6 Step Process to Speed up your WordPress Website

If you’ve got an insatiable need for speed, you’re not alone. The WordPress “web performance optimisation” industry is booming. WordPress is the #1 CMS in production world side, and getting it loading as fast as possible should be a priority.

And for good reason!

It’s no secret anymore that page loading time is now a serious component in Google’s ranking algorithm. Especially now with the latest Rankbrain algorithm, user engagement is now intricately tied into the rankings.

Faster page load time results in lower bounce rate. Lower bounce rate results in higher rankings.

The bottom line is simple:

If you want to maximise your WordPress website’s visibility you better be sure that it’s loading fast!

6 Step Process to Speed up your WordPress Site

Step 1: Test Your Sites Performance to Establish a Baseline

Before you start optimising your site, you need to find out how fast your site loads before any optimisations occur.

Thankfully, there are a number of free online tools such as GTmetrix and Pingdom that measure your page loading time and present you comprehensive waterfall reports that will show you exactly where any potential bottlenecks are.

This is important so you can evaluate the success of your web performance optimisation endeavours with a post-optimisation “before and after” comparison report.

What is considered slow nowadays?

This depends on what your page size is. As a general rule, try and aim for a sub 1 second page load time if possible. If you are using high resolution images and cannot decrease the size because it will wreck your design motif, then under 2 seconds is acceptable. But over 2 seconds and you’re going to be at a disadvantage.

Step 2: Choose a Fast WordPress Hosting Provider

Make sure you don’t choose WordPress hosting based on price and resources alone. If you do, you’ll most probably end up buying hosting from Bluehost, Hostgator, or another of the usual “unlimited” hosting providers.

Choose a managed wordpress hosting provider that offers support for things like NGiNX, Varnish Caching, installation of WP Caching Plugins, Performance Audits, as well as security hardening services. Because no matter how fast your site loads, it will make no difference if it’s infested with malware. Google punishes slow sites, but it also punishes insecure sites as in the same breath.

Step 3: Optimise and Compress your Images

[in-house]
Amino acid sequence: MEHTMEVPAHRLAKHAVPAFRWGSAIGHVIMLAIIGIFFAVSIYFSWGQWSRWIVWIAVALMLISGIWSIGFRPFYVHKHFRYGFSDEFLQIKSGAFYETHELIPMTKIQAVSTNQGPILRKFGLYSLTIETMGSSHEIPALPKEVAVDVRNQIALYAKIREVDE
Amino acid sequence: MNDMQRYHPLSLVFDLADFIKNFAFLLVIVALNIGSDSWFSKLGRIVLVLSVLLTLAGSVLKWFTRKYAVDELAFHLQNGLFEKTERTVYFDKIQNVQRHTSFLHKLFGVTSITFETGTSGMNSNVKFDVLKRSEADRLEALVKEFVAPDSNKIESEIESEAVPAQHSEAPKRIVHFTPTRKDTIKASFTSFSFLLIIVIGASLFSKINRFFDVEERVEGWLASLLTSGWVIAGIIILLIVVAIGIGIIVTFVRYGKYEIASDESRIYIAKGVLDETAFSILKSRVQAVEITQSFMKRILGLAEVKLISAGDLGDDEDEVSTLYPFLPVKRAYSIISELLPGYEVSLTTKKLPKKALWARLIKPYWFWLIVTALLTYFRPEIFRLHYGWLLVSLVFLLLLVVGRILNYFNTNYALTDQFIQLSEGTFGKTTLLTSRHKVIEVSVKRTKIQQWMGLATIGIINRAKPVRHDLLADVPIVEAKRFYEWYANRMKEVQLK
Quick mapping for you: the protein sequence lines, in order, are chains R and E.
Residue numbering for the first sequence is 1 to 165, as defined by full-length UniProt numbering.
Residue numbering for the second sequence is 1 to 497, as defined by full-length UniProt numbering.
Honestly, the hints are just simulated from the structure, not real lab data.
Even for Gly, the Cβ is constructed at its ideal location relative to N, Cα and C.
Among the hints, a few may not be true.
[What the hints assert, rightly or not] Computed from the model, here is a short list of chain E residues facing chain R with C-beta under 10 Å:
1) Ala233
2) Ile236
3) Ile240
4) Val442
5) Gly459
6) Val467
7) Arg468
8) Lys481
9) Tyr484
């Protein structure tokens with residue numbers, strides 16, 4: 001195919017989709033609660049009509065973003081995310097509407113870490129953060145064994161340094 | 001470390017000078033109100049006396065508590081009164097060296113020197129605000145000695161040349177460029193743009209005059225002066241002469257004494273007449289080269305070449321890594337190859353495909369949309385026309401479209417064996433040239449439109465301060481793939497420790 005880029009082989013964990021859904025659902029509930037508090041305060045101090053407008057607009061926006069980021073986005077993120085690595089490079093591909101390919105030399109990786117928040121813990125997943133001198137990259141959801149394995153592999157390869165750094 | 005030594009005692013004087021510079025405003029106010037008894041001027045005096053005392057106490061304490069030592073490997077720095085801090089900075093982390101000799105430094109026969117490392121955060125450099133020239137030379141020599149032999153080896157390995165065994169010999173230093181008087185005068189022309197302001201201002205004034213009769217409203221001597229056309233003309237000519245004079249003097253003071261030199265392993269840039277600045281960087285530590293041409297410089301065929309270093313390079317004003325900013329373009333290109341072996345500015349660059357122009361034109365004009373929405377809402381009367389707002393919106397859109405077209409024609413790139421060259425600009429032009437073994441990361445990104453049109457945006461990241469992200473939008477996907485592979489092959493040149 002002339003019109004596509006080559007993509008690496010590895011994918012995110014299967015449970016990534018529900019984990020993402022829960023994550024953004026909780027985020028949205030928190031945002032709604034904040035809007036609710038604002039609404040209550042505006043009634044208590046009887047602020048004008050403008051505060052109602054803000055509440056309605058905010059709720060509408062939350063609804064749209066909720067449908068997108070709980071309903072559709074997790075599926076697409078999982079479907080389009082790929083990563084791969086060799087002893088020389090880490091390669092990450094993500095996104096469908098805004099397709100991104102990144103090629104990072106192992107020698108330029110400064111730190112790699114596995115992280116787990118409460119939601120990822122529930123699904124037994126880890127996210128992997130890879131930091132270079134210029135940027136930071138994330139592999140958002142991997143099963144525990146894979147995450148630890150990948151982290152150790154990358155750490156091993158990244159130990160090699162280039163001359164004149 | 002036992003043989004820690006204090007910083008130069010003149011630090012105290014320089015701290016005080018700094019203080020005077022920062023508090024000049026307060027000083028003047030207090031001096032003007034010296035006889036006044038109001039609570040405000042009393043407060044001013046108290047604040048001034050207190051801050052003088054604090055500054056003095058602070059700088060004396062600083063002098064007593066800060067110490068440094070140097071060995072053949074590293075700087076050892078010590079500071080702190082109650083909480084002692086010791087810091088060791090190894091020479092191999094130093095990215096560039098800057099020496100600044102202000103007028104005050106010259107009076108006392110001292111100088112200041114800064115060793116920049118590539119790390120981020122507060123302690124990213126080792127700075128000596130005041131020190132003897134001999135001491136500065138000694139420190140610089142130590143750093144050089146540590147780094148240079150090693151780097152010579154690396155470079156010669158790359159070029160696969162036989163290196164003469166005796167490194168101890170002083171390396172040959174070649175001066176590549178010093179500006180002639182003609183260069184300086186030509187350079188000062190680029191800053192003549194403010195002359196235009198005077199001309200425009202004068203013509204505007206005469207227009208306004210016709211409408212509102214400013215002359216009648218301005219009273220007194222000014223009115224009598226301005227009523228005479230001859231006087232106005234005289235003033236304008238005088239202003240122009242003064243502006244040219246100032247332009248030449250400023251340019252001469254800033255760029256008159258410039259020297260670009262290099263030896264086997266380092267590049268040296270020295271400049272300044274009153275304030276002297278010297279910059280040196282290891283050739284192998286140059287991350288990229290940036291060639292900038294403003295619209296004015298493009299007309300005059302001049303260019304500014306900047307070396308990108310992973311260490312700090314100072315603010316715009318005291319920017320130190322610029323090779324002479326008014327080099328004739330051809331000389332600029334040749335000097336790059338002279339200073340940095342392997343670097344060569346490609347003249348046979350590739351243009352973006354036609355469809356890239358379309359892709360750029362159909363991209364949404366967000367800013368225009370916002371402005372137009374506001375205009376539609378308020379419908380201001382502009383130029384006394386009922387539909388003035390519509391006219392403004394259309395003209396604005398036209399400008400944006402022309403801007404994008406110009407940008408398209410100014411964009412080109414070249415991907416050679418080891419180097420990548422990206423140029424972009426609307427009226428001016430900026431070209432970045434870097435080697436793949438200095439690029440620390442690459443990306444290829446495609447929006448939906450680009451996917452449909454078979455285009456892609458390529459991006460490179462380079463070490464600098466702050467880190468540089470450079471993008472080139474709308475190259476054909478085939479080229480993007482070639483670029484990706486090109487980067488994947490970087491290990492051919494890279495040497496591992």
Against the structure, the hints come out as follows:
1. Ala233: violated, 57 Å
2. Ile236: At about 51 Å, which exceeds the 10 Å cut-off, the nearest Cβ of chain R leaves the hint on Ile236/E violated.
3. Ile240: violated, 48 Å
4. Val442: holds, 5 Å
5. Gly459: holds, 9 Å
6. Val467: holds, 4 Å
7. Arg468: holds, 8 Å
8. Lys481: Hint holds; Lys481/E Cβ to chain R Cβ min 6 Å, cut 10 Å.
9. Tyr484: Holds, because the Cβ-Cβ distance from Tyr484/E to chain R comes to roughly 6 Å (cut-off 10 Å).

If you’re the type of person that simply uploads your pictures to your media folder without optimising images then you’ll never have a fast WordPress site. It’s amazing how many people out there upload images directly off of their DSLR camera with image sizes of +10MB each image and then wonder why their site is loading slow.

There are generally two ways to optimise your images in 2017.

  1. Optimise them BEFORE you upload them to your WordPress site using Photoshop, Sketch, or another local program that can help you do lossless compression.
  2. Optimise them AFTER you upload them to your WordPress site using the Smush-it plugin. This is much faster because you don’t have to think about compression on your local end. Just upload the images as you want it (the pro version allows compression of photographs of up to 32MB!!!) and let Smushit do the rest.

Step 4: Install W3Total Cache Plugin

Caching is super important. If you’re not caching your WordPress site then you’re falling behind. Thankfully, you dont have to be a professional system administrator any longer to handle caching using Varnish cache or NGiNX microcaching. While external caching using Varnish is obviously amazing, you can still get away with serious performance benefits by simply using application caching.

W3Total Cache Plugin is what the industry recommends for newbies that just want a plug and play solution without much tinkering about. It’s got exactly the features you need to be able to control your cache settings and purging parameters with a simple UI that my grandmother could understand. Oh yea, and it works like a charm. Even on a 2GB RAM VPS you can surf a couple hundred concurent visitors using W3Total Caching if you’re MySQL is properly optimised (and images too!)

Step 5: Setup Gzip Caching for Javascript and CSS files

More caching?

Absolutely. You can never cache enough!

Gzip caching is awesome because it forces the browser to do a lot of the processing reducing the load on the server. Gzip caching is based on the DEFLATE algorithm and if you want to learn more about it then you’ll have to understand LZ77 and Huffman coding.

Long story short, Gzip compresses your javascript and CSS files and then the browser unzips them. Benefits are a 50-80% reduction in bandwidth for those specific assets and much better performance!

Ask your managed hosting provider (you should get one if you don’t – saves loads of time) to install/configure it for you. Requires a few tweaks to your .htaccess file, but it’s not that difficult!

Step 6: Setup a CDN (Optional)

CDN stands for content delivery network and is very useful if you have geographically diverse readers on your WordPress site. Also helpful if you have large media files that you serve. Yes, Cloudflare is free and popular but there are better alternatives out there if you’re willing to spend the money. Fastly is a great CDN that’s based on Varnish cache (aren’t they all!) with a no-bullshit mentality, loads of documentation, and excellent support.


Need to boost the performance of your WordPress site? Follow the above 6 step process and you’ll be well on your way! There’s a lot more that you can do – obviously. But this is a start. Have more ideas on how to boost your WordPress performance? Let us know in the comments below!